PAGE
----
If your nodule is not cancer and is not causing problems, your doctor may watch your nodule closely. If your thyroid nodule is causing hyperthyroidism, your doctor may recommend a dose of radioactive iodine, which usually comes in a pill that you swallow. Your doctor may have you take medicine (antithyroid pills) for a few weeks to slow down the hormone production. Your thyroid hormone level needs to be normal before you can be treated with radioactive iodine.
If your nodule is cancer or is so large that it causes problems with swallowing or breathing, you'll need surgery to remove the nodule. You may also need treatment with radioactive iodine to destroy any left over cancer cells. After surgery, you may need to take thyroid medicine for the rest of your life.
Thyroid Nodule Surgery: The extent of your thyroid nodule or tumor surgical removal will be determined by your doctor after evaluation your health history and diagnostic tests, family history and other factors.But in general either a partial or complete thyroidectomy (thyroid removal surgery), is recommended for:
- Thyroid cancer or indeterminate lesions that cannot be classified from a fine needle aspiration biopsy.
- Large thyroid nodules that cause obstructive symptoms, such as problems breathing or swallowing.
- Thyroid nodules that cause pain.
- Cosmetic reasons, to remove large visible thyroid nodules.
Radioactive Iodine: Iodine-131 concentrates in the thyroid tissue and cause tissue destruction. I-131 can be administered as a capsule or in liquid form.
- I-131 can be used to treat multinodular goiters with nodules that are producing extra thyroid hormone. Such cases are indicated by a low TSH level and elevated thyroid hormone level in the blood or a "hot" nodule on radionuclide thyroid scan.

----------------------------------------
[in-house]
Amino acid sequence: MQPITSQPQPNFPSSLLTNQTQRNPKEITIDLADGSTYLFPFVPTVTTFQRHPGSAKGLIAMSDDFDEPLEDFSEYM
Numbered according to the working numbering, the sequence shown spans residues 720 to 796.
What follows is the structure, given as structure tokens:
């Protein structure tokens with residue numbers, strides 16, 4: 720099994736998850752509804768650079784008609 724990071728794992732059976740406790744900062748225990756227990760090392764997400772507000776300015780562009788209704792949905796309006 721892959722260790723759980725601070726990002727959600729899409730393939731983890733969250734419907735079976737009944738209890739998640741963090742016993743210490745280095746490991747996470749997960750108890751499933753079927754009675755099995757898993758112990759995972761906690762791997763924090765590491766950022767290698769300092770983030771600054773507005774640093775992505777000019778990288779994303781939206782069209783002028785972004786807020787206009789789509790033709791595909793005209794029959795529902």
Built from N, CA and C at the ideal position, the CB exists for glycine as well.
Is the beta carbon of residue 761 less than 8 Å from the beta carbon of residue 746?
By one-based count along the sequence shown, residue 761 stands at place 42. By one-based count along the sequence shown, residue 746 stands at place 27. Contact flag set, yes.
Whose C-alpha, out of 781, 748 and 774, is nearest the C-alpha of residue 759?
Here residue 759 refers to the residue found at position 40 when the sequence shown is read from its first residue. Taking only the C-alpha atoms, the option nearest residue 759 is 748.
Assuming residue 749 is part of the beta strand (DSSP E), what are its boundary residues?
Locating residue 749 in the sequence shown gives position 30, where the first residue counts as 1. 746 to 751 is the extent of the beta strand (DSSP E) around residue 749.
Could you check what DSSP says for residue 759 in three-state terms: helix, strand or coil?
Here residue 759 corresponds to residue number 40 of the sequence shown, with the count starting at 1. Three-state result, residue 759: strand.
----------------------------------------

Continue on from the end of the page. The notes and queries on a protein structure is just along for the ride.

- After I-131 destroys the thyroid, the patient develops an underactive thyroid (hypothyroidism) and requires thyroid hormone replacement for life to maintain a normal level of thyroid hormones in the blood. Thyroid hormone replacement consists of simply a pill taken once daily by mouth, which is safe, easily tolerated, and relatively inexpensive.
Thyroid Hormone Suppression: There is controversy regarding whether physician-supervised administration of thyroid hormone may shrink the size of thyroid nodules. Many doctors believe that thyroid hormone does not effectively shrink nodules. Furthermore, there is the risk of high blood levels of thyroid hormone in patients with multiple thyroid nodules (multinodular goiter). However, clinical trials have shown that suppressive therapy may be successful in shrinking some thyroid nodules. Doctors may make this decision on a case-by-case basis and studies are still ongoing to determine the efficacy of this type of treatment. It is important to discuss the pros and cons of suppressive thyroid hormone therapy with your doctor.